The term “Loss and Damage” is gaining momentum due to the increasing impacts of climate change and the frequency of extreme events.
Our planet has warmed by 1.1 degrees C since the pre-industrial revolution or before 1850, and we are already seeing the impacts of this warming in many parts of the world.
The most recent one is the catastrophic floods in Pakistan, submerging a third of the country. Months before the eventful flooding, an unprecedented heatwave also hit Pakistan and India, with temperatures reaching 49.2°C in Delhi and 51°C in Jacobabad, a city in Pakistan, between April and May. The scorching temperature has enhanced the melting of its ice and snow, contributing to the amounts of floodwater.
China is also facing intense heatwaves and droughts that dried out its lakes and rivers and affected their hydropower generation forcing the country to ration its power.
Rapidly reducing emissions is the key to limiting temperatures rise. However, collective efforts, especially from high emitting countries and industries, are insufficient to address the scale of climate change impacts, making some loss and damage inevitable.
According to the World Resources Institute, “loss and damage” is a general term used in UN climate negotiations to refer to the consequences of climate change that go beyond what people can adapt to or when options exist, but a community does not have the resources to access or utilise them. Loss and damage is and will continue to harm vulnerable communities the most, making addressing the issue a matter of climate justice.”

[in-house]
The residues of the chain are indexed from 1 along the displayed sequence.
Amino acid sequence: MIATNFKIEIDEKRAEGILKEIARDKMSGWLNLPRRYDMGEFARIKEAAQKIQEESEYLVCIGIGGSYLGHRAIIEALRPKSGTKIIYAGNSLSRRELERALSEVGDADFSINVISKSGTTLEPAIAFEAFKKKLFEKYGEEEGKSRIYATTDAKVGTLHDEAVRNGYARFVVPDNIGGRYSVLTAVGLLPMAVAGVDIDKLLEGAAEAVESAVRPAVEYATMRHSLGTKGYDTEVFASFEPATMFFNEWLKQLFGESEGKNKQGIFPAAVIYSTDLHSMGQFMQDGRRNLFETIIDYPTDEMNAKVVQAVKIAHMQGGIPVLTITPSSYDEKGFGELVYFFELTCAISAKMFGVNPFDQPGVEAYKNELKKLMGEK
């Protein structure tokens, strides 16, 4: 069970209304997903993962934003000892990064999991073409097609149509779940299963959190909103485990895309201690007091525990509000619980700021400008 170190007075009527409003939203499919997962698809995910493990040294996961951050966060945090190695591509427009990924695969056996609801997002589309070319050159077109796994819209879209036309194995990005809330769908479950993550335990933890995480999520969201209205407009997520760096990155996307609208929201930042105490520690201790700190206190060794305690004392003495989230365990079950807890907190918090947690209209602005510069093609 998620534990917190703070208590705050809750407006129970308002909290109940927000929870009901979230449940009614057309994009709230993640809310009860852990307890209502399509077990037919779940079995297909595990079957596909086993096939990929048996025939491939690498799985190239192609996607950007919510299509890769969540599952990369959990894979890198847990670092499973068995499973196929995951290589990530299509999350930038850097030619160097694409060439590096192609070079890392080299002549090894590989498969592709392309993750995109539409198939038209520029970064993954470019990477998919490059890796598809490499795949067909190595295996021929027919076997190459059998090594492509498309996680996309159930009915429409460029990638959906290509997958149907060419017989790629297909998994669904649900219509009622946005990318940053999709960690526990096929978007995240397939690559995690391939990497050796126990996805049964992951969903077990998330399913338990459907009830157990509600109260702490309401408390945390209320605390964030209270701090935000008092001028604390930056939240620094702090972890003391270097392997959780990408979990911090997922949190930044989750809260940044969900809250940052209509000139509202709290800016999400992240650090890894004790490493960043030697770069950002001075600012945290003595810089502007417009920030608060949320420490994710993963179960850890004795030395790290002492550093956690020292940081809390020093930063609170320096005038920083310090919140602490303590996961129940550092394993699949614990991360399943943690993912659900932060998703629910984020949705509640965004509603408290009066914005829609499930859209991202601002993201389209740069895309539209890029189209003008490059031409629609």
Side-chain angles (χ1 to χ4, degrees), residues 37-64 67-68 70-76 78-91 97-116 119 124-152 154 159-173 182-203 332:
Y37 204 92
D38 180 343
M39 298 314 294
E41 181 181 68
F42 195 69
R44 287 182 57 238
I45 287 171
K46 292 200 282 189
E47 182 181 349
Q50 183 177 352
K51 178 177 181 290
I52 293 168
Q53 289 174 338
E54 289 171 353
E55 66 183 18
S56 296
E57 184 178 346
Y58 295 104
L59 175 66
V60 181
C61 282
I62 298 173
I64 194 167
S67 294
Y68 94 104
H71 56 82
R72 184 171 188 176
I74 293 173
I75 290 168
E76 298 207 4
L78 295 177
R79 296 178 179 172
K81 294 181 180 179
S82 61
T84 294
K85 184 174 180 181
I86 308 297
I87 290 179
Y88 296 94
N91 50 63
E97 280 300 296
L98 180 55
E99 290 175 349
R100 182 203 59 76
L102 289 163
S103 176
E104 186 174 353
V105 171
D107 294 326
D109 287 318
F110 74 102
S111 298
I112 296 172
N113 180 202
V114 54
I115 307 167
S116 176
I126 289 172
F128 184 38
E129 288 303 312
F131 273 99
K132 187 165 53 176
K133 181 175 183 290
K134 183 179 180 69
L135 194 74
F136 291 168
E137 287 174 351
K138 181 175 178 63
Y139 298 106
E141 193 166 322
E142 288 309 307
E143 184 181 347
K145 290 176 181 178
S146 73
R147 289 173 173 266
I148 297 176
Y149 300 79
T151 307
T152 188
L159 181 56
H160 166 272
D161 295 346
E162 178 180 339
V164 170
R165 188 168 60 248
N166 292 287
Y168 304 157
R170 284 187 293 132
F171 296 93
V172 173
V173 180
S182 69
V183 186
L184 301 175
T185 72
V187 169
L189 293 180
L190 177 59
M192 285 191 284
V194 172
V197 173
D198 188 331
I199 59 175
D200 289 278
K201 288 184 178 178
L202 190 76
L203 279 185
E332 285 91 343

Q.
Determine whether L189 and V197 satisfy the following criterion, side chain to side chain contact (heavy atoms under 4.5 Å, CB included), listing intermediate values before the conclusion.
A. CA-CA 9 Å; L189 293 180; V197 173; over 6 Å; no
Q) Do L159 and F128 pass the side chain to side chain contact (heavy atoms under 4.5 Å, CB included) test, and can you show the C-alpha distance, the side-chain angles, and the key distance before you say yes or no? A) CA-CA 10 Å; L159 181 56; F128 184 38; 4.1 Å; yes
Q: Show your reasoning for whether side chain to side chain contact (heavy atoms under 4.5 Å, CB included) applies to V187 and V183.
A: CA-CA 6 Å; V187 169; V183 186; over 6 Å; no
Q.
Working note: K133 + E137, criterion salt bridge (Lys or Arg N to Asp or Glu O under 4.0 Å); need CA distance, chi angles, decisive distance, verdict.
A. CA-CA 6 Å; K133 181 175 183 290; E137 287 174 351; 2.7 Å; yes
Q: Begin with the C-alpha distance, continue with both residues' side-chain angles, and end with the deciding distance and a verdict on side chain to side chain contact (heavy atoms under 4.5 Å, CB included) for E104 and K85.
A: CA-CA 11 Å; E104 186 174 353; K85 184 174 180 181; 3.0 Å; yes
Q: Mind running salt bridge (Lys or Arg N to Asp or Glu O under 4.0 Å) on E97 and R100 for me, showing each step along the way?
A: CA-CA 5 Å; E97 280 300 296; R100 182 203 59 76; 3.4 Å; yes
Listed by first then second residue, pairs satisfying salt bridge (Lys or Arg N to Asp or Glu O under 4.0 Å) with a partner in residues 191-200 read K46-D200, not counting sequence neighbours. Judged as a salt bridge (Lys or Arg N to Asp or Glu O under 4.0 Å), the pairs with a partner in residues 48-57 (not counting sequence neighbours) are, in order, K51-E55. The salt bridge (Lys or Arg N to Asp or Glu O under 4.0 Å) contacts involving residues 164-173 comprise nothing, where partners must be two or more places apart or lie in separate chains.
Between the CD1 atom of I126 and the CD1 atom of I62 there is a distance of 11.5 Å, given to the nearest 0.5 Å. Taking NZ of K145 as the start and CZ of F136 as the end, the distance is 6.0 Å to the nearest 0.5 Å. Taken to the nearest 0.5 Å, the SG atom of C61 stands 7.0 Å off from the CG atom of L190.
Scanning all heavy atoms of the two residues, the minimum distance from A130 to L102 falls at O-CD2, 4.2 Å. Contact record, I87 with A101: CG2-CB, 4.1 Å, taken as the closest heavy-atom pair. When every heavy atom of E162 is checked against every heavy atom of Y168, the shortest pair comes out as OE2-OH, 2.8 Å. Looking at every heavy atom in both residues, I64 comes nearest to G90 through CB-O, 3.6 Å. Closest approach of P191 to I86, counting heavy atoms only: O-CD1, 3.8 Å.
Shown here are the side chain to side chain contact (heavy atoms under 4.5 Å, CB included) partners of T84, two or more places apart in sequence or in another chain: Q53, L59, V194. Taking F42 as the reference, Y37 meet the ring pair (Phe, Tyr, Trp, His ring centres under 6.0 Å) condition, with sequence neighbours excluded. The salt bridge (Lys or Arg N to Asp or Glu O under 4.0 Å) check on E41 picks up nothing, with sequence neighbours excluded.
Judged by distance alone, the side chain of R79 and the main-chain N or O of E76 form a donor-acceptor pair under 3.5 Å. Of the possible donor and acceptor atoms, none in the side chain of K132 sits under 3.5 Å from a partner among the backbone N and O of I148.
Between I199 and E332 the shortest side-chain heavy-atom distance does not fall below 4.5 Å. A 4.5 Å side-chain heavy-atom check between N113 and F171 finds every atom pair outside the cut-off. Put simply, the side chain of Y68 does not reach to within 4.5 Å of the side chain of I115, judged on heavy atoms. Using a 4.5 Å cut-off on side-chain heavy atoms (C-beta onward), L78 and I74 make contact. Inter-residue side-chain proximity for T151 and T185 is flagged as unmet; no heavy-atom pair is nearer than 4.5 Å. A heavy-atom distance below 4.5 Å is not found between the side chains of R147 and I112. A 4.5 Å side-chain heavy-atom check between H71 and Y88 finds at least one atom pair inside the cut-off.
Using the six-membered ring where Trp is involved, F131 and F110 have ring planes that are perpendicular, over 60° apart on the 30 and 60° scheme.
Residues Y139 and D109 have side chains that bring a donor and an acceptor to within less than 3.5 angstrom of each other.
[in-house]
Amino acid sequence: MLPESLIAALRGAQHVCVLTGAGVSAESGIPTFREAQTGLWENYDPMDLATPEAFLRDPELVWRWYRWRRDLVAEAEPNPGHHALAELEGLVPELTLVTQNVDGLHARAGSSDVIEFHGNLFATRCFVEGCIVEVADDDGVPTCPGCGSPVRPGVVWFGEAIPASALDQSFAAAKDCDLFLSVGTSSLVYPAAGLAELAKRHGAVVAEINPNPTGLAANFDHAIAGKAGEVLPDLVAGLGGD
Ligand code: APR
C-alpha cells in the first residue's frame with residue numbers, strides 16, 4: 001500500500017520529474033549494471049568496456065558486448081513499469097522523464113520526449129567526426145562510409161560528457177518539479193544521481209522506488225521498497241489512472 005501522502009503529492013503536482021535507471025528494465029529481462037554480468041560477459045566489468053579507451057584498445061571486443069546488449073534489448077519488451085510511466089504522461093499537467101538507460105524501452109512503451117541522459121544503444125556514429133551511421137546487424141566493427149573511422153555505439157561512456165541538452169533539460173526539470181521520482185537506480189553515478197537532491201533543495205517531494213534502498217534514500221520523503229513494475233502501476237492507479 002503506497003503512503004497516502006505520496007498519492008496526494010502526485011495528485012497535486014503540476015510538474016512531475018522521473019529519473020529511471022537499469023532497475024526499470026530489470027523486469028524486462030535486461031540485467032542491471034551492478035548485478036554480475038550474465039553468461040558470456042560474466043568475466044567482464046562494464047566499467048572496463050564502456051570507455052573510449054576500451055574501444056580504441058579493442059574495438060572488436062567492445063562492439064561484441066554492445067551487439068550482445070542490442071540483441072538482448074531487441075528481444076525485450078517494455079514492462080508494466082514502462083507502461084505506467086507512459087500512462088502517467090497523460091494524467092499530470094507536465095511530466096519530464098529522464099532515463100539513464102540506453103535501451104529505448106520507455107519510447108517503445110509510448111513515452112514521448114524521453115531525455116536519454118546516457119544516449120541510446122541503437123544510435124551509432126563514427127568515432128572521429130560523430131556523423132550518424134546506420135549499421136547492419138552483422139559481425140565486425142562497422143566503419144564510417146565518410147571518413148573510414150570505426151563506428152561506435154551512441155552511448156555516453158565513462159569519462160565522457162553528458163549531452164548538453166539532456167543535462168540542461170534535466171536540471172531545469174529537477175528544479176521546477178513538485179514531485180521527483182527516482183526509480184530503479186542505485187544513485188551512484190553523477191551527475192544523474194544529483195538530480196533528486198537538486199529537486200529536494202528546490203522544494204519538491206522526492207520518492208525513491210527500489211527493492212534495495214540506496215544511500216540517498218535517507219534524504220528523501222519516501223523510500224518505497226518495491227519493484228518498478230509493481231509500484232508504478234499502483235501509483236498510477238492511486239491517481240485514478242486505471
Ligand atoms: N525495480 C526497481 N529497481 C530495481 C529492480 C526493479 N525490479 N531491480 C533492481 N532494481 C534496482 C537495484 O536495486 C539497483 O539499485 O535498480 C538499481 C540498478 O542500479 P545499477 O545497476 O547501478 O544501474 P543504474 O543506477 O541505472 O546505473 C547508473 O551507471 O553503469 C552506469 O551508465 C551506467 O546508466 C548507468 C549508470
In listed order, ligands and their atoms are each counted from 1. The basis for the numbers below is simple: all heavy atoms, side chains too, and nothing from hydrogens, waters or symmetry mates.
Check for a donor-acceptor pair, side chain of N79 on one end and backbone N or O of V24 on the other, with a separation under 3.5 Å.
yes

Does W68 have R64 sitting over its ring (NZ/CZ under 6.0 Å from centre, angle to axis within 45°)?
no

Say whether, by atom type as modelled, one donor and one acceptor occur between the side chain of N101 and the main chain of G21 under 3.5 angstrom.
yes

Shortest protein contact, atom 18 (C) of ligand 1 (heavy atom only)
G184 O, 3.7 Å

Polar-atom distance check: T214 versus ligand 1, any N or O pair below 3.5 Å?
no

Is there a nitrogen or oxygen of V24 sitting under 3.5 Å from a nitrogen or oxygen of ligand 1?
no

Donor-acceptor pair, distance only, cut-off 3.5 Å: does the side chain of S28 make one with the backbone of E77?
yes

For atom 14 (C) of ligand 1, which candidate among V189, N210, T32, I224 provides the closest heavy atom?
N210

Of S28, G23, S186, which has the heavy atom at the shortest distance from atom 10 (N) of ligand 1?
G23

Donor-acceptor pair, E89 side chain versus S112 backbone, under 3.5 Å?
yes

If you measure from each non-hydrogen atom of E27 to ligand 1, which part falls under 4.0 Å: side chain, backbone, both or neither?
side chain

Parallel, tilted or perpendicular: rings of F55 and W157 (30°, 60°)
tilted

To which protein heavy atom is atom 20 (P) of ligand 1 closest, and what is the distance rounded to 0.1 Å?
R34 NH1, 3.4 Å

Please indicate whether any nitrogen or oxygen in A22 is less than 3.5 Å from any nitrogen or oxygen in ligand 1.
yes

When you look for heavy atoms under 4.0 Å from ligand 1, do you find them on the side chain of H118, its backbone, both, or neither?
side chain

Chatham House’s article “What is loss and damage” explains that “The term loss and damage is commonly used in reference to international climate negotiations and its surrounding politics. It is a priority for many climate-vulnerable countries due to the severe climate effects they are experiencing. In some instances, for example, for small island states, they could pose an existential threat. As a result, Loss and damage can often be an emotive and difficult topic at UN climate talks.”
According to WRI, since the 1990s, when UN Framework Convention on Climate Change (UNFCCC) was formed, vulnerable countries have been asking developed countries to provide financial support to address Loss and damage but has been ignored since then. It is only during the COP26 summit in Glasgow in 2021 that continued at the Bonn UN climate negotiations in Germany in June 2022 that developed countries have begun considering it. A handful of countries, including Canada, Denmark, Germany, New Zealand, Scotland, and the Belgian province of Wallonia, pledged support to help vulnerable countries address Loss and damage brought by climate change (Bhandari et al., 2022).
According to an analysis paper by the International Institute for Environment and Development (IIED), LDCs can leverage their Nationally Determined Contributions (NDCs) and National Adaptation Plans (NAPs) to get the needed climate funding from developed countries by providing concrete evidence of their Loss and Damage in these reports (Bhandari et al., 2022).
The International Institute for Environment and Development (IIED) published an analysis paper, “Harnessing Nationally Determined Contributions to tackle loss and damage in Least Developed Countries, ” carried out for 173 countries.